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This narrative ethnography explores the value of Buddhist consciousness of death, kamma, and the gift, by following the transformation in Thailand from a political order based in the global, military-gift economy of the cold war to the liberal free-market exchange of a "new world." At key moments in the transformation, the Thai military has massacred unarmed citizens in Bangkok streets. As actors struggle to harness the unstable symbolic power of corpses in public culture, the meaning of death becomes increasingly subject to the political economy that shapes mass media. While benefitting from both the sensational value of violent death and from the powerful argument for liberal freedoms which military massacres provide, the new order does not acknowledge the sacrifice of the demonstrators for its sake. Their death is divested of value, in part because of the flattening and anaesthetizing effect that mechanical reproduction has when representing violence, but ultimately because the form of political economy that may be gaining ascendance in Thailand is a cultural system inherently immune to symbolic exchange with the dead. The dissertation then explores alternatives to this economy of forgetting. Buddhist meditative visualizations of corpses, like mass media, seize upon gory detail as a powerful source of value, and yet the economy of the "charnel ground" meditation can avoid anaesthetizing effects. Never-the-less, the parallels between the image-realms of Buddhist meditation and media experience suggest that the utopian hopes some theorists have placed in mechanical reproduction are not unfounded, but unrealized. The problem of public memory that jettisons the dead is ultimately one of alternate cultural-economic realities in Thailand, and can be critically understood through a Buddhist consciousness of mind-body, and of the kamma haunting capitalist politics. The dissertation concludes by describing how rural villagers bring an ur-form of free-market capitalism, the casino, into the household funeral, where Buddhist consciousness of kamma, within a complex of family, economic, societal, political, and historical relations, provides fertile ground for a critique of political economy and for further development of the anthropological theory of the gift.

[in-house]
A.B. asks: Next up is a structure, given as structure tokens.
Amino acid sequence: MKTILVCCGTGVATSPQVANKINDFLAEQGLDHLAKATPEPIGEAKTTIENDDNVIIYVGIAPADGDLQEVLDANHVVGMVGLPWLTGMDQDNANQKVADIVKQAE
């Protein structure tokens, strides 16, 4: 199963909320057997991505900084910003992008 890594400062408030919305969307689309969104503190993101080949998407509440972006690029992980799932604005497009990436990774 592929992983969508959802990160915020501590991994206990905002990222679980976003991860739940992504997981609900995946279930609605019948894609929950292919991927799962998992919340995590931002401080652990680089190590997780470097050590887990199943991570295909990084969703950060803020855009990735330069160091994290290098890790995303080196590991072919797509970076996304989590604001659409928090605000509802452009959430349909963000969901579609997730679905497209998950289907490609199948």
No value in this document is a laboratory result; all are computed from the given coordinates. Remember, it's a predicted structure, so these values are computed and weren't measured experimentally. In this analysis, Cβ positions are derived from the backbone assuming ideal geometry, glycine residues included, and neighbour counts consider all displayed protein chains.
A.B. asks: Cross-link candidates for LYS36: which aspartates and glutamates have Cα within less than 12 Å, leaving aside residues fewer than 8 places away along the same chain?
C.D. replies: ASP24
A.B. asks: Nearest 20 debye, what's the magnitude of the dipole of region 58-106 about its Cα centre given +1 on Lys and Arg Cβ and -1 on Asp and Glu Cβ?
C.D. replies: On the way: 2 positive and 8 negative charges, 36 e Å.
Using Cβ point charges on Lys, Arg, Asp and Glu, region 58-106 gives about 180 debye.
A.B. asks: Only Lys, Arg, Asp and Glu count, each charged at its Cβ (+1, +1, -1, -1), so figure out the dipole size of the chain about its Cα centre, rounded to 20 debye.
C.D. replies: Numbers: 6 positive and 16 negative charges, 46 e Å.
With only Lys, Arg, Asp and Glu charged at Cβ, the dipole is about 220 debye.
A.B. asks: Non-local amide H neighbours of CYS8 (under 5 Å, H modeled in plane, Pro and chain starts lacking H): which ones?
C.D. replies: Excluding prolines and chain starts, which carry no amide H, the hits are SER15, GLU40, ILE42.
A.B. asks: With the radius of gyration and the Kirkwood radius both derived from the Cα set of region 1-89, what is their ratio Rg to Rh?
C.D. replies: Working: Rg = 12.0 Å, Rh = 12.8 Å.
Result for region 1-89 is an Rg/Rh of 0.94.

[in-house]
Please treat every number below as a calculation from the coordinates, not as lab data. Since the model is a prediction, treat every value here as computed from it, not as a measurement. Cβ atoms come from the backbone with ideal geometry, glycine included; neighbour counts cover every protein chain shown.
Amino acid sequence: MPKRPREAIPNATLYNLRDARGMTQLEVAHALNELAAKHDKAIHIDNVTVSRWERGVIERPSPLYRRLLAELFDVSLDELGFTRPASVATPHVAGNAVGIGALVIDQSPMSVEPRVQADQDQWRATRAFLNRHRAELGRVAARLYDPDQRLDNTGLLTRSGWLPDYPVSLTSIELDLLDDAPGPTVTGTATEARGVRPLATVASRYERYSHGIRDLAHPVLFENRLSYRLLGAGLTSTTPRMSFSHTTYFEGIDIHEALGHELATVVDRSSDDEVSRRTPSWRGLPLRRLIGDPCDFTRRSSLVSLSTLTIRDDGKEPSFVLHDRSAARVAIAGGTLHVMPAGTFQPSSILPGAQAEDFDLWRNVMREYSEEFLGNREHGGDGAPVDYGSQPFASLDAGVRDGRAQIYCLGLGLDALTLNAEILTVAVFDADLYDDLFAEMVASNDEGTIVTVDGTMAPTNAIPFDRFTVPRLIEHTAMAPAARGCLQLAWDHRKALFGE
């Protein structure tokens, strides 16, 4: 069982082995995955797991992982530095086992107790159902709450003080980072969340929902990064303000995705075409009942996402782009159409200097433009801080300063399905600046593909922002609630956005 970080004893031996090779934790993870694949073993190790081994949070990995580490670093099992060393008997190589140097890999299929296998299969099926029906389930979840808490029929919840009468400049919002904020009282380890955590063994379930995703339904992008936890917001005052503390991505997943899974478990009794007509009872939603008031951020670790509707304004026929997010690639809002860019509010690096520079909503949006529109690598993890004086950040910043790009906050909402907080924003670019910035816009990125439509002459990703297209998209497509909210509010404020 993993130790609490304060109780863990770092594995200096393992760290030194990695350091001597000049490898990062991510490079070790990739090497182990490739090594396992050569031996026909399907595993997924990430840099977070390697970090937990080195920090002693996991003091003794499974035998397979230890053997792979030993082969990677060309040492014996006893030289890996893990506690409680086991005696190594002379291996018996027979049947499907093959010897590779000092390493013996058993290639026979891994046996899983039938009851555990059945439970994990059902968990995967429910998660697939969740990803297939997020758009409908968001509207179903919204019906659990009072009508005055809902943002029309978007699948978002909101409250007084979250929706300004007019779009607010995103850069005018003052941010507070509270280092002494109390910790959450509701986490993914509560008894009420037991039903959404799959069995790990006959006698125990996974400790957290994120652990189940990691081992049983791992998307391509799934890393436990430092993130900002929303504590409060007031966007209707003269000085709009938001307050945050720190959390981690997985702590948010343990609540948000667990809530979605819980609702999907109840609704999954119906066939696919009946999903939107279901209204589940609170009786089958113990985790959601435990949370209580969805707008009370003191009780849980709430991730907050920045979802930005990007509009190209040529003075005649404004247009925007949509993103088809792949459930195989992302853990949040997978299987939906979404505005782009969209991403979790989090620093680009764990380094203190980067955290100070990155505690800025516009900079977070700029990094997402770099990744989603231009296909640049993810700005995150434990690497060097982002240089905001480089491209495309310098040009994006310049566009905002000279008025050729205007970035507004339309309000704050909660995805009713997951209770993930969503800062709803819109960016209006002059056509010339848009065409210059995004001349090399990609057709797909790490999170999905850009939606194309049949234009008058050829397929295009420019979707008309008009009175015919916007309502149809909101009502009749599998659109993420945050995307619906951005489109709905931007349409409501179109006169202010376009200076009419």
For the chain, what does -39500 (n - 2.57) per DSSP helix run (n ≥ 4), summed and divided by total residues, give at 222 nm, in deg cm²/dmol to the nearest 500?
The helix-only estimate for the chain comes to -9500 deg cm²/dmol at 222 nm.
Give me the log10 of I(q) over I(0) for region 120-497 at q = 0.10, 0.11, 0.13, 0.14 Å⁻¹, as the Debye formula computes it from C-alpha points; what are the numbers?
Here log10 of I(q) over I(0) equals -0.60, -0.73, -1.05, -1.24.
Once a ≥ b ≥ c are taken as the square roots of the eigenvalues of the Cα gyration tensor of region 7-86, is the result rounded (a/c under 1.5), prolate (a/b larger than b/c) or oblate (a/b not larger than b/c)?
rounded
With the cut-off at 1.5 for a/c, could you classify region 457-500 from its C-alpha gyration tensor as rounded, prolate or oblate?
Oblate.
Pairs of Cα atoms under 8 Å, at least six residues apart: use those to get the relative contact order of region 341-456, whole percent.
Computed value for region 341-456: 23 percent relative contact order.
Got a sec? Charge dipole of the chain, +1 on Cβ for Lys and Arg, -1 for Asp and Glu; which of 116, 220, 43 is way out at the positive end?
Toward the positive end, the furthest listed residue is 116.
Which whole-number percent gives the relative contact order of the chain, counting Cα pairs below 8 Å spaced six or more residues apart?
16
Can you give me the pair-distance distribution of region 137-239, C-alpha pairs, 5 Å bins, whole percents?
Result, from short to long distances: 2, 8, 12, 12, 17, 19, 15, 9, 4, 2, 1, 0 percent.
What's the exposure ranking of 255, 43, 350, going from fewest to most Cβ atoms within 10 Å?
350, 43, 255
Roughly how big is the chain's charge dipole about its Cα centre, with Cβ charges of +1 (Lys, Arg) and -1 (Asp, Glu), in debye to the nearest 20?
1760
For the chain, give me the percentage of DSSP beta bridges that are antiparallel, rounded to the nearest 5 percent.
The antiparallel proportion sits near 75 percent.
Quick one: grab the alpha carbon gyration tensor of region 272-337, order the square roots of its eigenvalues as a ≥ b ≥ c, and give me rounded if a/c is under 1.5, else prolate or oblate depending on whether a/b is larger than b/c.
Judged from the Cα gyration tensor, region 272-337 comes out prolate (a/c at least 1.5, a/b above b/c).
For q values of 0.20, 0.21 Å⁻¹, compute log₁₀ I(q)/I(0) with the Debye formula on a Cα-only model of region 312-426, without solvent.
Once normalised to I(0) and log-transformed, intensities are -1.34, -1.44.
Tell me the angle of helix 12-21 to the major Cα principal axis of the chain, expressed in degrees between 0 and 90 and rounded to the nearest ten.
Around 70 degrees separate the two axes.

The study and practice of mindfulness is rapidly expanding in Western psychology. Recently developed self-report measures of mindfulness were derived from Western operationalizations and cross-cultural validation of many of these measures is lacking, particularly in Buddhist cultures. Therefore, this study examined the measurement equivalence of the Kentucky Inventory of Mindfulness Skills (KIMS) and Mindful Attention Awareness Scale (MAAS) among Thai (n=385) and American (n=365) college students. Multigroup confirmatory factor analysis models fit to the data revealed that the KIMS lacked configural invariance across groups, which precluded subsequent invariance tests, and although the MAAS demonstrated configural, metric, and partial scalar invariance, there was no significant latent mean MAAS difference between Thais and Americans. These findings suggest that Eastern and Western conceptualizations of mindfulness may have important differences. © 2009 Wiley Periodicals, Inc. J Clin Psychol 65: 1–23, 2009.